Joe Speedboat is exactly the kind of coming of age stuff that I have fallen out of interest with, but I couldn’t resist the simple cover, the arresting title and the author Tommy Weiringa, who intrigues me (from the Netherlands, and born the same year as me, etc..). It’s the tale of resentful, wheel-chair bound Frankie, crippled at a young age in a rural harvester accident but encouraged by the always busy, confident and freewheeling Joe. His unlikely progression in life towards amateur arm-wrestling, and unrequited love for the blonde amazonian P.J made for an always interesting read. 3.5 stars.
A bit like Lincoln in the Bardo, with it’s odd subterranean, psychic plot, Lanny by Max Porter is a fascinating and sometimes frightening read about the fate of a boy, and the adults and ghosts who influence and surround him. This is not a book to be recommended lightly, as it really is of quite radical structure, though very short. A triumph though – and to think Kim got it for $2 at the Op shop. 4 stars.
Next was the completely different, longish, bestselling book A Gentleman in Moscow, by Amor Towles. After the raw earthiness of Lanny, this felt like such a controlled, on-the-rails affair which I was lukewarm about until the unexpected exhilaration of the last section. When I repeatedly read phrases like “Now in all of Russia, there was no greater admirer of the written word than Count Rostov” I felt like I was reading a fairytale for a child. Large sections of it felt a bit that way, and it started to grate on me. An aristocratic man is confined to lifelong detention in a fancy hotel, and through detailed knowlege of people, place and habits, plots an unlikely eventual (decades) escape. Depsite the length, the characters still felt like 2 dimensional caricatures. 3 stars.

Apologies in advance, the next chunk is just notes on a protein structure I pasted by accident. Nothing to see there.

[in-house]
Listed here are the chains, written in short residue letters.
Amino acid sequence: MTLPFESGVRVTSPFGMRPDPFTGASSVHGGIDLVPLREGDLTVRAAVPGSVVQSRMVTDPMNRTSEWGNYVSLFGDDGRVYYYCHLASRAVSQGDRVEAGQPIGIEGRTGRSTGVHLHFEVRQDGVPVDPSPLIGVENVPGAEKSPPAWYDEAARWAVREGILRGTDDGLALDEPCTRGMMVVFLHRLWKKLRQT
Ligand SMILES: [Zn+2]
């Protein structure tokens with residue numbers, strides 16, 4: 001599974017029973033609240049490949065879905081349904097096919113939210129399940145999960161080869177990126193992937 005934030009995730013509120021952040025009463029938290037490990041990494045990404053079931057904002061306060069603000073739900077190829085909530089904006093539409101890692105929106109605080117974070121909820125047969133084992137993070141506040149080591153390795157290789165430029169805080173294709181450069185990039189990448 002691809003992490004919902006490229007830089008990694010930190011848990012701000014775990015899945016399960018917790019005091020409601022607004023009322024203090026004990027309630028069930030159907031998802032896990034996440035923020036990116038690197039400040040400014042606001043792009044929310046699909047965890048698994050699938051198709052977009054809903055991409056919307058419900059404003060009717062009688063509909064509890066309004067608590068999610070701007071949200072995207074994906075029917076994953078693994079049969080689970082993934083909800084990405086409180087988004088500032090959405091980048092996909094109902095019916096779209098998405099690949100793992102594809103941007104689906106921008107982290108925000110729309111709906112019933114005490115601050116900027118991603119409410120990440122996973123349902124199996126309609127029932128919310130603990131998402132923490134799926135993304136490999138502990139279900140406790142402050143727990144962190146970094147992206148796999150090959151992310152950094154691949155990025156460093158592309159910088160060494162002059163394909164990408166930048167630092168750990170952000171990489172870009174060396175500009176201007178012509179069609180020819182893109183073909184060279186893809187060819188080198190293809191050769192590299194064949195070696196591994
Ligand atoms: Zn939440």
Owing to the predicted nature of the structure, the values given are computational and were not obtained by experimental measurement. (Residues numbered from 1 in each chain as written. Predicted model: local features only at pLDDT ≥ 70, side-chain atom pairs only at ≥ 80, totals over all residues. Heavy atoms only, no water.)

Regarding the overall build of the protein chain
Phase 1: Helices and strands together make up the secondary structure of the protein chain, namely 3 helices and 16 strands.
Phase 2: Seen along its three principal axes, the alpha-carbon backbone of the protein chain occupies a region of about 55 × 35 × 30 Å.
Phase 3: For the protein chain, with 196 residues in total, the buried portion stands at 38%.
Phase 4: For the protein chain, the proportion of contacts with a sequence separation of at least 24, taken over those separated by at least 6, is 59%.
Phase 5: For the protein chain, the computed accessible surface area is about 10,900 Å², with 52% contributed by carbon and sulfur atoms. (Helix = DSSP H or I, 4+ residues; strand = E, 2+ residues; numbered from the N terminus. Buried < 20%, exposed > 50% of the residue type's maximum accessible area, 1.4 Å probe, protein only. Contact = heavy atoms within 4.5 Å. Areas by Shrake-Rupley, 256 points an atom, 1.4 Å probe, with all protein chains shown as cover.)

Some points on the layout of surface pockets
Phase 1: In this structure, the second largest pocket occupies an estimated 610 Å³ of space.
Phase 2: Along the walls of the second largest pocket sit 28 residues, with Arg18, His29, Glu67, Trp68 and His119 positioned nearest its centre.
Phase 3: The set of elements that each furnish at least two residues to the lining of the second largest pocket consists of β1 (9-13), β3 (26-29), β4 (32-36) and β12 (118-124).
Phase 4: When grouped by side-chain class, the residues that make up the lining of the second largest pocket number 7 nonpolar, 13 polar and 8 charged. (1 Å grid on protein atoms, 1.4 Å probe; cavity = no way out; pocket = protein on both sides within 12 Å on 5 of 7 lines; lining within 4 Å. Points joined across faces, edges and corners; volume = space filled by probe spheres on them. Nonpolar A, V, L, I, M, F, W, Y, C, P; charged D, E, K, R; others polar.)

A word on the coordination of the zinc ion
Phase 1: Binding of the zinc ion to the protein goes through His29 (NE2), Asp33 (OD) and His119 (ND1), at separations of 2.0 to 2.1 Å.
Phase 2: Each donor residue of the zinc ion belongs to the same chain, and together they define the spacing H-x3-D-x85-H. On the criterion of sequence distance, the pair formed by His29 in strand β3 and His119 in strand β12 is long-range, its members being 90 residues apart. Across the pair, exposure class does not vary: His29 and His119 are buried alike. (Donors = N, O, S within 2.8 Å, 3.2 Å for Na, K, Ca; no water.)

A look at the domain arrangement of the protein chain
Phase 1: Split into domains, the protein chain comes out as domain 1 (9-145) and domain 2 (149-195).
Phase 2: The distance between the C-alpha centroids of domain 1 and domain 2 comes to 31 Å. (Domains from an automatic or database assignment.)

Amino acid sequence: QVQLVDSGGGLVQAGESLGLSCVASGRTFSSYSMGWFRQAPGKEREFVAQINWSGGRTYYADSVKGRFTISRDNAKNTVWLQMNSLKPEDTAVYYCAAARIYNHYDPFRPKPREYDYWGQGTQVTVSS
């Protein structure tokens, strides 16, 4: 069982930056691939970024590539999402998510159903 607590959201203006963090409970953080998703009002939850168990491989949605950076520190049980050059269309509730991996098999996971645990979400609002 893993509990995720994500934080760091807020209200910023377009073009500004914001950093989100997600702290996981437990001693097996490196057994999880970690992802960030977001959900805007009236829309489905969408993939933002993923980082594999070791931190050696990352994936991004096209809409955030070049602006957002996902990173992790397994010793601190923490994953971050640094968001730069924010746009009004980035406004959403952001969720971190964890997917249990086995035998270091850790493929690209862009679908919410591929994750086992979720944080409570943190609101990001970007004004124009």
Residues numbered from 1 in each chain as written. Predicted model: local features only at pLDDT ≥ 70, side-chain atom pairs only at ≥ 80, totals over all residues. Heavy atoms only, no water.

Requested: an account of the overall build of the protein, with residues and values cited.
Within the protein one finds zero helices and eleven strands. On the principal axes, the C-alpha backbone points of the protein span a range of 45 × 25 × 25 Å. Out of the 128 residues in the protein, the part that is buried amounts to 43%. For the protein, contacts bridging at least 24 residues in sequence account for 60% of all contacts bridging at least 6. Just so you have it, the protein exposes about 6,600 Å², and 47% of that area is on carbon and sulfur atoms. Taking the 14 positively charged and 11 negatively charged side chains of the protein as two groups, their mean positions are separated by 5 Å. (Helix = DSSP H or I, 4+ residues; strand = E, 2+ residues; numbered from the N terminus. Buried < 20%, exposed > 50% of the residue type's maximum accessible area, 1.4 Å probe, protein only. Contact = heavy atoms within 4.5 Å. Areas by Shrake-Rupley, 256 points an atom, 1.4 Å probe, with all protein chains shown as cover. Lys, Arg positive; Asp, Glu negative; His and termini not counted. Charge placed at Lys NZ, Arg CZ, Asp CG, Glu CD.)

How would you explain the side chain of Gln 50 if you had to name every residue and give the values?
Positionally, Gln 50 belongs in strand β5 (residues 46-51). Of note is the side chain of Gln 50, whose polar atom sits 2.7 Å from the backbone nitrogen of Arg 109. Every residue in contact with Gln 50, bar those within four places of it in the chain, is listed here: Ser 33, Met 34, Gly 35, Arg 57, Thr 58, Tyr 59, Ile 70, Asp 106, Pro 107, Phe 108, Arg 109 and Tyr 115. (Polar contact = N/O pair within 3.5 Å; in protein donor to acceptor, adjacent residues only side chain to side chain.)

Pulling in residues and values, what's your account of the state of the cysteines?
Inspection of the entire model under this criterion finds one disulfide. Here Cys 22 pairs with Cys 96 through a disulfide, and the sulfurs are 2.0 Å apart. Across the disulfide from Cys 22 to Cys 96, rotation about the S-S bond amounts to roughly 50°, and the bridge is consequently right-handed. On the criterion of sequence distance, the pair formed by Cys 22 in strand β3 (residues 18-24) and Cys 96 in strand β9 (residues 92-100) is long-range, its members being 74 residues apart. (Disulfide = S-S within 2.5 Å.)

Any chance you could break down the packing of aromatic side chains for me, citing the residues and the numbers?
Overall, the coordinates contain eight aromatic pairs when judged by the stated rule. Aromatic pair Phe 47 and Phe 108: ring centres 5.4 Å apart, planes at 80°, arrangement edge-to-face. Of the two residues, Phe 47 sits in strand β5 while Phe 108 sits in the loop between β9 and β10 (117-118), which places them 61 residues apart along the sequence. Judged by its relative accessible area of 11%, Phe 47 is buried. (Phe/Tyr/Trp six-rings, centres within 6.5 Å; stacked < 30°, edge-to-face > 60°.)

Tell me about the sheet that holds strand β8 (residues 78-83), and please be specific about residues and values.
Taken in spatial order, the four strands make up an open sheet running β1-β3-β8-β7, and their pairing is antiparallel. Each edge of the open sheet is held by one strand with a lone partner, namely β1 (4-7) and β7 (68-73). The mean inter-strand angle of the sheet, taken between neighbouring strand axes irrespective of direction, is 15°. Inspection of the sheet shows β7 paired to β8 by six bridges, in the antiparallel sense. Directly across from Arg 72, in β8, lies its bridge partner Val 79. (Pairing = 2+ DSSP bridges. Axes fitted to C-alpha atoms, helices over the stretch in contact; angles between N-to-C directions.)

There’s a lot of sex talk in Yellow Dog by Martin Amis (2003), and I mean a ridiculous obsession with it, and it’s to the book’s detriment. Otherwise I was enthralled by the disjointed sophistication of it – the earthy asides, the humour, the broken banter and the feeling the Amis is making you work very hard to piece it together. It reminded me of Australian David Foster and his genius-like wordplay and pieced-together logic. The crude originality and lack of telegraphing made for a shocking but thrilling experience in an age that one reviewer called an antidote to “the prevailing literary piety”. A lot of people hate this book! – 4 stars.
From a book that celbrates societies’ worst to one that champions bold open minds and vulnerability, The Museum of Modern Love was quite the unexpected revelation. Written by Australian Heather Rose, it fictionalises characters around a real life artistic event in a U.S Art Gallery in 2010 by Marina Abramovic (and won the 2017 Stella Prize for Fiction). I was captivated from start to finish. 4.5 stars.